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Hyperloop: Working with Native Controls in Android

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In this post, we’re going to provide a quick introduction to Hyperloop by adding an Android Button to a Titanium Alloy project and adding a click event handler. We’ll be writing code in JavaScript and using Hyperloop to access the underlying Android SDK, working directly with the android.widget.Button class.

This example focuses on Android. For the iOS-equivalent of this post, see Hyperloop: Working with Native Controls in iOS. Also, check out our Hyperloop Samples that include many native examples including a cross-platform solution for working with native buttons.

NOTE: This post assumes you’ve created a new Alloy project with the 5.4.0.GA SDK and added Hyperloop support (available in Pro and Enterprise subscriptions). You can find out more here.

Let’s get started.

In order to access native objects with Hyperloop, you have to require the relevant libraries you’ll need in your project. If you’re familiar with Java, this is essentially the same as using the import keyword. If not, you will get to know the concept in a second.

Since we are working with the class Button, we need to require it from its native namespace android.widget.Button. We do the same for all other native classes we need, including Activity which is called using Ti.Android.currentActivity in order to get a reference from our Titanium app to the native source. In your index.js controller, add the following code:

var Button = require("android.widget.Button"),
    LayoutParams = require('android.widget.FrameLayout.LayoutParams'),
    Activity = require('android.app.Activity'),
    Color = require('android.graphics.Color'),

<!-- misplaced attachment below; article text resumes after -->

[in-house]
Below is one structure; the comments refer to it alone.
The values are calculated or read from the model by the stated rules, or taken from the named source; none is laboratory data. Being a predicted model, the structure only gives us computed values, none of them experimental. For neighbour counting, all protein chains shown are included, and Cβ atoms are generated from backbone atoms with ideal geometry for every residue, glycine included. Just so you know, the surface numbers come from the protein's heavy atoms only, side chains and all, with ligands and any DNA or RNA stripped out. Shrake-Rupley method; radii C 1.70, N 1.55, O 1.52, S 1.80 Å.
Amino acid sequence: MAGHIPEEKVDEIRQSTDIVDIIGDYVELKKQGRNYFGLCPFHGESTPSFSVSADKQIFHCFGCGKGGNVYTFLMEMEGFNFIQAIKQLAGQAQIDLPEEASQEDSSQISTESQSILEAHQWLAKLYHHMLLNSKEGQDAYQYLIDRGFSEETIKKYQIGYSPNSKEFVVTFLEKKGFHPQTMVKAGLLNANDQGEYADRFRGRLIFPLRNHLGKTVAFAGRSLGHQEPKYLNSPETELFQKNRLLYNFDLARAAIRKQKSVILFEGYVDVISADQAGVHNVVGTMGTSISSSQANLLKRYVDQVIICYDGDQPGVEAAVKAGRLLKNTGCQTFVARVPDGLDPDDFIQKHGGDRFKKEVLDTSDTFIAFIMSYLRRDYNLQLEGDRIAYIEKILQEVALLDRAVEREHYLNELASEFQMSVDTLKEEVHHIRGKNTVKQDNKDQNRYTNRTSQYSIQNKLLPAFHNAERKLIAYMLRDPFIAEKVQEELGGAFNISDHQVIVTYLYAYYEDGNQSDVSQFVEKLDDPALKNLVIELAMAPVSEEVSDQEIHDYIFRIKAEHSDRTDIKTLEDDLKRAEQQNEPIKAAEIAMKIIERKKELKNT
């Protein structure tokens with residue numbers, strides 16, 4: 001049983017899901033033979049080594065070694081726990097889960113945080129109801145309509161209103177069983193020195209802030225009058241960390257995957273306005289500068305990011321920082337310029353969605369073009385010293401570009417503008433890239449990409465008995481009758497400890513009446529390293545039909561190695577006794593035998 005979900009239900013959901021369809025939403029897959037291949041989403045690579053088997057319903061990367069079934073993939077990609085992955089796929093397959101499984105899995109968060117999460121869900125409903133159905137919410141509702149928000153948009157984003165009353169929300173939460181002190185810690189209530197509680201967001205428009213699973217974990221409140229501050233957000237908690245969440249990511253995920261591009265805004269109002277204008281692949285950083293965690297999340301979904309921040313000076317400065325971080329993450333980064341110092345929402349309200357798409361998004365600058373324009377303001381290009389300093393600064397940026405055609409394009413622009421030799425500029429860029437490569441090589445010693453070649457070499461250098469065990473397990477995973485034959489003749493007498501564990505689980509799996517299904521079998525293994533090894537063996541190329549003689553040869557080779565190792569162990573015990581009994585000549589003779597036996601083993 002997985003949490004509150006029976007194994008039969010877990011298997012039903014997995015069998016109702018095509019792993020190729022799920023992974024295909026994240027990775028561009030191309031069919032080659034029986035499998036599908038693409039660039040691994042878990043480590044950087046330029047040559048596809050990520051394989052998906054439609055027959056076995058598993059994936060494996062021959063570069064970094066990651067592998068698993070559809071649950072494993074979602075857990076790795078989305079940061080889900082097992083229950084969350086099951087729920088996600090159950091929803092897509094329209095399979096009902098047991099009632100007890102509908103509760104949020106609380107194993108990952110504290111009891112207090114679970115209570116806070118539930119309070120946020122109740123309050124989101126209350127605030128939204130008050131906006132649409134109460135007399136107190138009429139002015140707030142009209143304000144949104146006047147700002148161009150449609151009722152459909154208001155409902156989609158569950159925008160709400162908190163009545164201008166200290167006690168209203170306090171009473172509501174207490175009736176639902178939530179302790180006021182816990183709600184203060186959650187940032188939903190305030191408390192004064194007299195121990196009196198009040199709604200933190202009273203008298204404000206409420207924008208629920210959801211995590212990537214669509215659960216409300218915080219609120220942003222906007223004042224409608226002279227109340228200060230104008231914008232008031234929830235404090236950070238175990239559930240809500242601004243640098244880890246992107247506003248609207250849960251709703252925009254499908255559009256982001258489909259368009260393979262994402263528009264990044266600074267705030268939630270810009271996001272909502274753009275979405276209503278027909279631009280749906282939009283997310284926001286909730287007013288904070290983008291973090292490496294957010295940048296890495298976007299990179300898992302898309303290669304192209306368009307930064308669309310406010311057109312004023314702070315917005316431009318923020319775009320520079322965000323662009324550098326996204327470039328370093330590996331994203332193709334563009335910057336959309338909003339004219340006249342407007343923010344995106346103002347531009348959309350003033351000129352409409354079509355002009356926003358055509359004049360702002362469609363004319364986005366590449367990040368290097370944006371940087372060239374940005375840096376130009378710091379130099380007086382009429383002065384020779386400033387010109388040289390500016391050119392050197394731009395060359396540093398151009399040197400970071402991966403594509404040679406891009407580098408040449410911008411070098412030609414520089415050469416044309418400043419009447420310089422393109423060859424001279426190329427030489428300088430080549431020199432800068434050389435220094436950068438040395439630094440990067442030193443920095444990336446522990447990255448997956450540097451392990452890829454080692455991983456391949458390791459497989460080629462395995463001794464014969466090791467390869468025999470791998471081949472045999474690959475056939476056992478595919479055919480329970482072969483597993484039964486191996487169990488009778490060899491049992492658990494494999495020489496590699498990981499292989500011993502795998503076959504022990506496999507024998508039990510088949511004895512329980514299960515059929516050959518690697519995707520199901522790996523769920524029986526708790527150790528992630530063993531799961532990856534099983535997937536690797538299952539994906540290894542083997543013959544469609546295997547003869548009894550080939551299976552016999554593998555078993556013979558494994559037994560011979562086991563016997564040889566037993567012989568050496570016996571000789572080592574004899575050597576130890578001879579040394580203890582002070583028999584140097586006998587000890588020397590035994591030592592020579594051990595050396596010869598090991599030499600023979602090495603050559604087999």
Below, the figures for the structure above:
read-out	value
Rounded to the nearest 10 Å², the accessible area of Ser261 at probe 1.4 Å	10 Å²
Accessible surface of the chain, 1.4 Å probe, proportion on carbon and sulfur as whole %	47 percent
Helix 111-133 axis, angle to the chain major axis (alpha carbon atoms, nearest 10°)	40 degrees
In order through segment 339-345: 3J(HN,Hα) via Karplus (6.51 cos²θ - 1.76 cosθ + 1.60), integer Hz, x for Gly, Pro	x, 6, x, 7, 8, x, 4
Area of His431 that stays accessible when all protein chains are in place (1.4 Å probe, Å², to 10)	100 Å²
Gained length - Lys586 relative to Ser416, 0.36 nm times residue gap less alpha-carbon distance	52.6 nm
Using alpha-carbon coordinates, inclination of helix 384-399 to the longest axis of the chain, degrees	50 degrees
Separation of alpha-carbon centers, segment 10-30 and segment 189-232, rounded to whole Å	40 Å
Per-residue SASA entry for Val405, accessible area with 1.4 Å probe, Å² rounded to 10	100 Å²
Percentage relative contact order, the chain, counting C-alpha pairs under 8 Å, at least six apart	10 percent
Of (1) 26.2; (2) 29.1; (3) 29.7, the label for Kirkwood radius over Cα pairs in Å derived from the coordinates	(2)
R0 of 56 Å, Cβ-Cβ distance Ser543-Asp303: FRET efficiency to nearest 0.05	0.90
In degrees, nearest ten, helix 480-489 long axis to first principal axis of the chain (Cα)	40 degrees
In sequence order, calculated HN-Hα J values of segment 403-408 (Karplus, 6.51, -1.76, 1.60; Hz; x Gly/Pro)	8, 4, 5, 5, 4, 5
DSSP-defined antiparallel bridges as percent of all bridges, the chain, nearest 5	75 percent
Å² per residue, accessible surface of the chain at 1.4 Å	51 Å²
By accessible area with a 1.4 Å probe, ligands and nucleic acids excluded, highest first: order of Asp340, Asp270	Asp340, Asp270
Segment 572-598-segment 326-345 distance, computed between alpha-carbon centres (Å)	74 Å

TypedValue = require('android.util.TypedValue'),
    Gravity = require('android.view.Gravity'),
    OnClickListener = require('android.view.View.OnClickListener'),
    currentActivity = new Activity(Ti.Android.currentActivity);

After all relevant classes are required and currentActivity is available in your controller-scope, we can proceed to create the button:

var button = new Button(currentActivity);

Pretty straight forward, right? But we want more, so let’s add button-text and background-color as well. Note that you can set any color you want to use. Check out the official Android documentation for more possible constants and play around with them. We use a blue color here:

button.setBackgroundColor(Color.BLUE);
button.setText("CLICK ME");

To match our previous iOS example, we also set a width and height for the button. Since Android is density-specific to support multiple screen specifications, we use a native utility method to translate the 200×50 size to a density-specific size. In addition, we pass the gravity-constant Gravity.CENTER to the layout parameters to place the button in the center of the screen:

var width = TypedValue.applyDimension(TypedValue.COMPLEX_UNIT_DIP, 200, currentActivity.getResources().getDisplayMetrics());
var height = TypedValue.applyDimension(TypedValue.COMPLEX_UNIT_DIP, 50, currentActivity.getResources().getDisplayMetrics());
var layoutParams = new LayoutParams(width, height, Gravity.CENTER);
button.setLayoutParams(layoutParams);

Finally, we want to add some interaction to the button, so we implement a native click-listener using the previously imported OnClickListener class. Think of it as the button.addEventListener("click") in Titanium:

button.setOnClickListener(new OnClickListener({
    onClick: function(v) {
        alert("button pressed!");
    }
}));

That’s it! We are good to go. Let’s add the button to your window (or any other Titanium view you are testing with) and open it:

$.index.add(button);
$.index.open();

So, what more can you do with this?

You just implemented a native Android button with Hyperloop, Titanium and Alloy – Congrats! Now it’s time to check out more interesting APIs and UI elements. How about the Android [SnackBar], [BlurViews] or a third-party library? Since you are no longer restricted to just the Titanium APIs we provide, you can integrate whatever you want to.

We hope you found this basic intro useful. We’ll continue to add content and more advanced examples. In the meantime, be sure to check out the Hyperloop Samples for more examples of how to work with Hyperloop!

Code strong! 🚀

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